When you think of being in competition with someone, do you think that they have to lose in order for you to win? That is that the equation is someone wins and someone loses?
This week we have a quick story to show how reframing competition from this win/lose negative can end up being so very powerful (and ultimately more beneficial).
There’s a friend of mine who owns a business. It’s a successful business and has been running for some time. He is quite specialised in what he does, and he does it well.
Another business that has opened up within the very same circle. It’s the same sort of business, albeit with quite a different approach.
My friend knows the other business owner; indeed even gave him some advice on how to get started in the very beginning.
What’s interesting about all this is that whilst the two businesses are actually quite different in their approach; you could say that they are in competition for broadly the same clientele. In this economic market, that might make some people feel a bit uncomfortable, as though their turf was being invaded. As though, in order for the other business to do well, their business needs to suffer.
What’s fabulous about my friend’s approach is that not only has he supported and welcomed the “competition”, he told me that he wants to sample their wares so that he can refer people who are looking for that particular approach and service.
Things that have stood out for me about this:
- He is crystal clear about his customers, his business and his niche. He knows what he is good at, and what he can offer that is different to anyone else.
- He has an attitude of abundance rather than scarcity. Yes, there is less money to go around but he is interested in the right clients rather than any clients, and he is also interested in all the clients getting the right service for them, rather than any service.
- Just because they clients chose to go to the other company didn’t mean that they were rejecting him.
We have talked about generosity in business before and how that can lead to more success. I think it is interesting that in these times when the temptation might be to close ranks and go to the more traditional win/lose model of competition, that actually turning the model on its head and looking for how competition can be a win/win might mean good things for everyone.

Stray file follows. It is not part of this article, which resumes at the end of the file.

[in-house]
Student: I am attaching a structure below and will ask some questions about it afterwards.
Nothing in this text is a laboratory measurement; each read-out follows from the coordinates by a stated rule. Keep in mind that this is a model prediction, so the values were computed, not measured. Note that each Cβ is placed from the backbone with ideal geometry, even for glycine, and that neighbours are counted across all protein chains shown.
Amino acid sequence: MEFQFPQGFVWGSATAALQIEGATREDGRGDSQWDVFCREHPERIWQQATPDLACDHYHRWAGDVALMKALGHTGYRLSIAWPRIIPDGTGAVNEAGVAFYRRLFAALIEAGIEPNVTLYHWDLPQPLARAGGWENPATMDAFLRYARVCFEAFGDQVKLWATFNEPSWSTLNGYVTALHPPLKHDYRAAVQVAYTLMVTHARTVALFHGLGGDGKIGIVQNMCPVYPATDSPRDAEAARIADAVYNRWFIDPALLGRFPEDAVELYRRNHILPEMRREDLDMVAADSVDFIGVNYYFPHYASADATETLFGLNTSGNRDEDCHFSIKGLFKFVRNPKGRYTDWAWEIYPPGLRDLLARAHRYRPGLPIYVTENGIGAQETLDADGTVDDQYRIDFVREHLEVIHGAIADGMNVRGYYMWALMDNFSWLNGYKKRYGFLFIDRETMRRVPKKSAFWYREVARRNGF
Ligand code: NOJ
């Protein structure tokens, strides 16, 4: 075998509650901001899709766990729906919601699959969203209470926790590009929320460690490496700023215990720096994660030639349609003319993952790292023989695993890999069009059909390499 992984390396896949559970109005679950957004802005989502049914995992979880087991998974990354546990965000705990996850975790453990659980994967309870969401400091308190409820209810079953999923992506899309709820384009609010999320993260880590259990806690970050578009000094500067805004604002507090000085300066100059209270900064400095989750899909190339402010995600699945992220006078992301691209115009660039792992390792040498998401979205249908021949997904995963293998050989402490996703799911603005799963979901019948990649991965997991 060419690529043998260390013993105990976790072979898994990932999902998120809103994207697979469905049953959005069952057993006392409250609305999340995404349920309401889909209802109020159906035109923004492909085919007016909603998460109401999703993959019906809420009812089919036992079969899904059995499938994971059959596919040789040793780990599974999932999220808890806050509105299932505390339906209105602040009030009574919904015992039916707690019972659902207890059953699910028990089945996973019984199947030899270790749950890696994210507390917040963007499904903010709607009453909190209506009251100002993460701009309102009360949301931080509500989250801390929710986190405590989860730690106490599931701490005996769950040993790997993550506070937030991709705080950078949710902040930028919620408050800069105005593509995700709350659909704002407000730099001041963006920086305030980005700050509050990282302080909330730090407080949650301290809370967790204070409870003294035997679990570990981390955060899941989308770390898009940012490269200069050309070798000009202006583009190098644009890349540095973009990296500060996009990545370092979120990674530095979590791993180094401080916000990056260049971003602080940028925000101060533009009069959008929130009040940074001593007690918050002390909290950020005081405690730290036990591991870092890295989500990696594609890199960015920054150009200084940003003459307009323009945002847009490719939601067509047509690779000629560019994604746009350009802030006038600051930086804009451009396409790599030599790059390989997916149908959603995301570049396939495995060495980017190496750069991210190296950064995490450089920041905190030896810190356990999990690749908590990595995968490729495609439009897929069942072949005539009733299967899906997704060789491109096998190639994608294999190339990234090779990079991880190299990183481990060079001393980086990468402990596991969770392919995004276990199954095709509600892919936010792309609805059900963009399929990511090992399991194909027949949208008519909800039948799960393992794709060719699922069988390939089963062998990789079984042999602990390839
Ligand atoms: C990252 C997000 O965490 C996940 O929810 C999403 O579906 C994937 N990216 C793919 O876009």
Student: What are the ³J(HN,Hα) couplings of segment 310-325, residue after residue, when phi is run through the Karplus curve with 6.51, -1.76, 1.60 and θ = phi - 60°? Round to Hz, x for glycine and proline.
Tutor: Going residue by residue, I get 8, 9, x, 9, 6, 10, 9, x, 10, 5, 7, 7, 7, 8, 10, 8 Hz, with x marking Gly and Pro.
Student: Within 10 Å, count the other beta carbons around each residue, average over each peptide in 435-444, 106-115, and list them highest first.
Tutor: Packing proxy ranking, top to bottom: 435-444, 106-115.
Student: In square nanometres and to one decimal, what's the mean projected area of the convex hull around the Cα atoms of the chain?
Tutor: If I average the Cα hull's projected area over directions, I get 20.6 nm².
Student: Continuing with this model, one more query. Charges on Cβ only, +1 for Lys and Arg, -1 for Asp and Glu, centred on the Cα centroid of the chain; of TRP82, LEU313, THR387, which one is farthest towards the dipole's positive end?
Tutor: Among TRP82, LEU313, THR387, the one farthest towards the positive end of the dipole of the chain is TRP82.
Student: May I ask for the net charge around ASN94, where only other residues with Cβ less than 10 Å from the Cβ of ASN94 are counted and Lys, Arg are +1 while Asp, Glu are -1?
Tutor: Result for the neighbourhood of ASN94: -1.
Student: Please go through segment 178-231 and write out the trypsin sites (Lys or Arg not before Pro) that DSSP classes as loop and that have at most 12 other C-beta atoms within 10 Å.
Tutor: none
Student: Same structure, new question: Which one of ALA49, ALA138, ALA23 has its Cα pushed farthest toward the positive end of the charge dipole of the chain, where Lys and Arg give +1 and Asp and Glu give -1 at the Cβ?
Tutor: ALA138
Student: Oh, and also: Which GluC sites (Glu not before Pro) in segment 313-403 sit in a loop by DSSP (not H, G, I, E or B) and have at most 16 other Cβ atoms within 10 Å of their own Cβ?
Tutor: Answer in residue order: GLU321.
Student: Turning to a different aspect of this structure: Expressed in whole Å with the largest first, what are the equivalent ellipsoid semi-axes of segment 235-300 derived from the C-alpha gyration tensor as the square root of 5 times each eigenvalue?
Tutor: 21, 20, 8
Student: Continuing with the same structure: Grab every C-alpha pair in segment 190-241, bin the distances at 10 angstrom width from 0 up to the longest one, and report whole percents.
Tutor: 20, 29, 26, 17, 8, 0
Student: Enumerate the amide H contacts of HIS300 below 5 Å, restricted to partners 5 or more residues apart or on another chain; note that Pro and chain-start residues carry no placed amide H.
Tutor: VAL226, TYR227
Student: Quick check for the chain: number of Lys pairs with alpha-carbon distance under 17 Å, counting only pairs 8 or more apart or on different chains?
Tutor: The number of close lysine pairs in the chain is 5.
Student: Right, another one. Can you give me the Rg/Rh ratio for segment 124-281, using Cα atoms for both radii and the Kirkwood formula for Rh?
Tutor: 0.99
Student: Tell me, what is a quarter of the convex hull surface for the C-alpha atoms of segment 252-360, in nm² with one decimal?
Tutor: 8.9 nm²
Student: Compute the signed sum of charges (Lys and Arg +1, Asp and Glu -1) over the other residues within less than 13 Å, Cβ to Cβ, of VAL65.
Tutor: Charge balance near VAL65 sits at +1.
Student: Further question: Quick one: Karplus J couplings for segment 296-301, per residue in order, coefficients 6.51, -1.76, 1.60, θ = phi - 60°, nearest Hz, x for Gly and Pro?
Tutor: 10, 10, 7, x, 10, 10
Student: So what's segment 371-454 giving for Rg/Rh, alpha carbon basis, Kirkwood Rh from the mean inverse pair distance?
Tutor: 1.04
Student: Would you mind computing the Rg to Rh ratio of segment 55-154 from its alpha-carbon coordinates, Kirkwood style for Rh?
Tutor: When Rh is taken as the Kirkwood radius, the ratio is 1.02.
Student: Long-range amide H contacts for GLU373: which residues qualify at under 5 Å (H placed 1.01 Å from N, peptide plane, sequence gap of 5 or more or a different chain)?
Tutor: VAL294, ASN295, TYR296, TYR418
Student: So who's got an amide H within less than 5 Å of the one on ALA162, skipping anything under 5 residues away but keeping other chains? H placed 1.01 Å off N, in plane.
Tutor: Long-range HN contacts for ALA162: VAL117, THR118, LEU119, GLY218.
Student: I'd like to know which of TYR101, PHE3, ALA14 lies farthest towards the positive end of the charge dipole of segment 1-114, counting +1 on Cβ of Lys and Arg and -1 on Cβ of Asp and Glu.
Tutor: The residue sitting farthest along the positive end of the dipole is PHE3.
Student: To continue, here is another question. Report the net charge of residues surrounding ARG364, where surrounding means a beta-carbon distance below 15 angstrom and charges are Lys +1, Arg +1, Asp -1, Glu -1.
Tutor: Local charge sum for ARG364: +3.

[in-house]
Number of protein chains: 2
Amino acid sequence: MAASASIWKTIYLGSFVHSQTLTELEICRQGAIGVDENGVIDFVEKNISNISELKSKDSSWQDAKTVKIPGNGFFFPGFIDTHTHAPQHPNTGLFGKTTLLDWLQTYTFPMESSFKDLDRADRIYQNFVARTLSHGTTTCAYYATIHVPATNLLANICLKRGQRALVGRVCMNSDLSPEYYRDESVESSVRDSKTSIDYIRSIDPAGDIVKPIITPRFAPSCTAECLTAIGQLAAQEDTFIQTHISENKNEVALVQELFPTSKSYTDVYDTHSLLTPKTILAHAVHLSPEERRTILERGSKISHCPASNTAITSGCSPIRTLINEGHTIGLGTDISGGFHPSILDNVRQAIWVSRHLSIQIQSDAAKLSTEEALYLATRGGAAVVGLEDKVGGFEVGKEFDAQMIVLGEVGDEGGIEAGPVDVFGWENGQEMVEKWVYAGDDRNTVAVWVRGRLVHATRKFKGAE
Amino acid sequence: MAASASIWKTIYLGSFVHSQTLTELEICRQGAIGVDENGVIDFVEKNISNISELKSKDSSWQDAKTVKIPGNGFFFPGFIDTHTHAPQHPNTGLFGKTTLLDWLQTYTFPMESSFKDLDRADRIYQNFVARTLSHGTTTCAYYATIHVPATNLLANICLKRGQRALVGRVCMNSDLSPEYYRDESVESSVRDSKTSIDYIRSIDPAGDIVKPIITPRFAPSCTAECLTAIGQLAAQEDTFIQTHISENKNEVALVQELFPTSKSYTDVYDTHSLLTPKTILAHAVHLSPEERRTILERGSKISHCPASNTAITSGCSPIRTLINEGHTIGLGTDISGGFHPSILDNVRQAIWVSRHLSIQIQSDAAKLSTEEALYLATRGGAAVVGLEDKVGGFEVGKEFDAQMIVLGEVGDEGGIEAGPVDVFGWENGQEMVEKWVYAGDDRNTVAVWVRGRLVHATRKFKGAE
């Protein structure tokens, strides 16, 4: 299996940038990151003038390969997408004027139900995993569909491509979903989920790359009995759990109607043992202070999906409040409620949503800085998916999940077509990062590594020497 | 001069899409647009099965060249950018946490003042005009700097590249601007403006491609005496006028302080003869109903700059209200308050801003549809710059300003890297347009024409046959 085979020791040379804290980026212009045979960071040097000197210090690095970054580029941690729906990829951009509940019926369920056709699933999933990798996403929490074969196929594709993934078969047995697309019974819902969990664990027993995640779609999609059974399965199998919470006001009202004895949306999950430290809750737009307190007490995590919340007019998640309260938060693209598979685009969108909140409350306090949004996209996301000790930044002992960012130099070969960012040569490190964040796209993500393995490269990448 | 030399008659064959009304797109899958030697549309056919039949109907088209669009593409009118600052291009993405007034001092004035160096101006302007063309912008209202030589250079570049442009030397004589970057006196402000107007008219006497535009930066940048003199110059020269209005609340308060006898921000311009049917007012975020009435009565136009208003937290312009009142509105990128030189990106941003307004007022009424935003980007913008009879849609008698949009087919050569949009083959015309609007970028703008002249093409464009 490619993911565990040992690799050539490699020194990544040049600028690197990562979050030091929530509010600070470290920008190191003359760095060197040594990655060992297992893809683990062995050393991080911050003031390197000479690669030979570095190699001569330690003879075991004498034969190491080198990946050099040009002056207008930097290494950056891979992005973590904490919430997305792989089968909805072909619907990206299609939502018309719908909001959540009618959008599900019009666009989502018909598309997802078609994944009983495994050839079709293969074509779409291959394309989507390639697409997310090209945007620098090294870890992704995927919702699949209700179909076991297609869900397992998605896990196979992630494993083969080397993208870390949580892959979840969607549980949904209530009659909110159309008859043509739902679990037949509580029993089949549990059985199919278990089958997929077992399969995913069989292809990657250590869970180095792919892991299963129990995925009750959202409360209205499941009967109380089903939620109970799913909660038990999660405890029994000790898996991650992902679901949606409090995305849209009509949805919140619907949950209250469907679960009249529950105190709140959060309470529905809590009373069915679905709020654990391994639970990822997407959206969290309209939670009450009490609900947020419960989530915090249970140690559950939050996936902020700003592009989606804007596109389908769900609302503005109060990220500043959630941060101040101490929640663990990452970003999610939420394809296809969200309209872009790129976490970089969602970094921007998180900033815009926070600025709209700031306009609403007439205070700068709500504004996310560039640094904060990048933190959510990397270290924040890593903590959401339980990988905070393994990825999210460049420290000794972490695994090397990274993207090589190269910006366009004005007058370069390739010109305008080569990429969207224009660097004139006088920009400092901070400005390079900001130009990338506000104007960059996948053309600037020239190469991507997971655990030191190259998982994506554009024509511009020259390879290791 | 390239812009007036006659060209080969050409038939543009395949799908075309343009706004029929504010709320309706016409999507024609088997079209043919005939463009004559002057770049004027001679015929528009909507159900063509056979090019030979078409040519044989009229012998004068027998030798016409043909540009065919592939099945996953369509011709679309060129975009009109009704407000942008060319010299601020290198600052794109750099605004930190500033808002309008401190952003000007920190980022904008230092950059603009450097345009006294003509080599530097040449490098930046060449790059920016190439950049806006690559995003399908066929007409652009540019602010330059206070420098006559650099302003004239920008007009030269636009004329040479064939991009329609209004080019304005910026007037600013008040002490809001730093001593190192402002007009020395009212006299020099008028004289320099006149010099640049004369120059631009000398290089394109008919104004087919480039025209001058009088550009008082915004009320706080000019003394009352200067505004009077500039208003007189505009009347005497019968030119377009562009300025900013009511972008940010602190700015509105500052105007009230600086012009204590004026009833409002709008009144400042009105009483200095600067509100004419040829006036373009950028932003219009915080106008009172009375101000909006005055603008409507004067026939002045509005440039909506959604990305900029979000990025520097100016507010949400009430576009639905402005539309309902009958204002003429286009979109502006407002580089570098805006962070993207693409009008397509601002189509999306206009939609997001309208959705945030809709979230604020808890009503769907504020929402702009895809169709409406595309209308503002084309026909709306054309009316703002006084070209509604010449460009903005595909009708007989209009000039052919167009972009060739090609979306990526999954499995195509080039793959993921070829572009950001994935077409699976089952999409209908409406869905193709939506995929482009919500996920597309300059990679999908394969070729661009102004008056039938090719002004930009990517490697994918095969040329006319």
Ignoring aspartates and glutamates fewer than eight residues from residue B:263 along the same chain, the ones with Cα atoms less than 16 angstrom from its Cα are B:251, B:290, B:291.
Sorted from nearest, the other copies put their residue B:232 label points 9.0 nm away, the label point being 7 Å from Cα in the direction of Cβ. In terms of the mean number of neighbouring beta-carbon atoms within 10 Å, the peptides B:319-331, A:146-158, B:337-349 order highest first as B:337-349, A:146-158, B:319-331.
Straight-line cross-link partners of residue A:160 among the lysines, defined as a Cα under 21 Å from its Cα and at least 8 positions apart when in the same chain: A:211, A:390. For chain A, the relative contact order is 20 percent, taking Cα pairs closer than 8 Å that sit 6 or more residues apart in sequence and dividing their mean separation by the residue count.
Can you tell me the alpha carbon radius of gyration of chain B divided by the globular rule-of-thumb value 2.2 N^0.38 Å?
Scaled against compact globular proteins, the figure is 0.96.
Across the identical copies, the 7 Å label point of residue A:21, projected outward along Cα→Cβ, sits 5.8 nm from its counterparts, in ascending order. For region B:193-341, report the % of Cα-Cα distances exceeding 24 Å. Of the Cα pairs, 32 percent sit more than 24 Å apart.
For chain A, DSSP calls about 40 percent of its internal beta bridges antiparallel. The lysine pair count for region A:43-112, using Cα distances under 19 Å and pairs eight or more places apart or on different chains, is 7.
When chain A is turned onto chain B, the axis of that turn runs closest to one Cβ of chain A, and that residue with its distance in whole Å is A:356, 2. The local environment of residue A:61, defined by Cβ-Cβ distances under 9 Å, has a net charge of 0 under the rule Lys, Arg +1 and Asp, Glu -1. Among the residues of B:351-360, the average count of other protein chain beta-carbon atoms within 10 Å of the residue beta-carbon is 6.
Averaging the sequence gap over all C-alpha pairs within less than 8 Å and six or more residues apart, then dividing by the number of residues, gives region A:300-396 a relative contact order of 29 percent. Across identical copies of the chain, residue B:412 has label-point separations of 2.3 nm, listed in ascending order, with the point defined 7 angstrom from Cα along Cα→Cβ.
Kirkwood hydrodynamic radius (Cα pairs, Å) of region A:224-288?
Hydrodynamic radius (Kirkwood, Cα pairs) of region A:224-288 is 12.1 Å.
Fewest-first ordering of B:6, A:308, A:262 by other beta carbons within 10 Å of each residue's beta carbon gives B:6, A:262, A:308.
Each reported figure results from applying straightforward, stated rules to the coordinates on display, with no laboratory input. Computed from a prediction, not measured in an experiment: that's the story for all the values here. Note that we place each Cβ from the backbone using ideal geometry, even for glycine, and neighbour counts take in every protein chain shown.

What does this mean for the workplace more generally and your leadership approach?
- Firstly, be clear on what you bring to the table — what do you have that is different to anyone else. As Liz Gilbert, author of Eat, Pray, Love and Big Magic says in a recent interview; “yes, it’s all been done before — but not by you!” You bring a uniqueness that no one else has. Being clear (and celebrating) your strengths and your “offering” to the organisation can mean that you know what you bring that no one else does. I am not talking about doing the work — most work can be done by multiple people — I am talking about how you do the work. The special thing that you alone bring to the role, the task, the job.
- Then think of how best can you utilise your niche, your expertise. So, yes, there may only be a certain number of key positions that people are “competing” for. But perhaps using the abundance model might show possibilities that are beyond the traditional hierarchal organisational model. There has always been a bit of a dog eat dog mentality towards competition and progression in the workplace. I wonder if reframing how we think about competition in terms of abundance rather than scarcity could change that mentality. Certainly in these more difficult economic times, being creative and open, rather than closed and narrow has to be a win/win for everyone.
So this week’s takeaways:
- Competition doesn’t need to mean that someone wins and someone loses;
- Yes, it has all been done before — but not by you;
- If you reframed the workplace looking through the lens of abundance rather than scarcity, what would that look like?
Until next week, happy leading.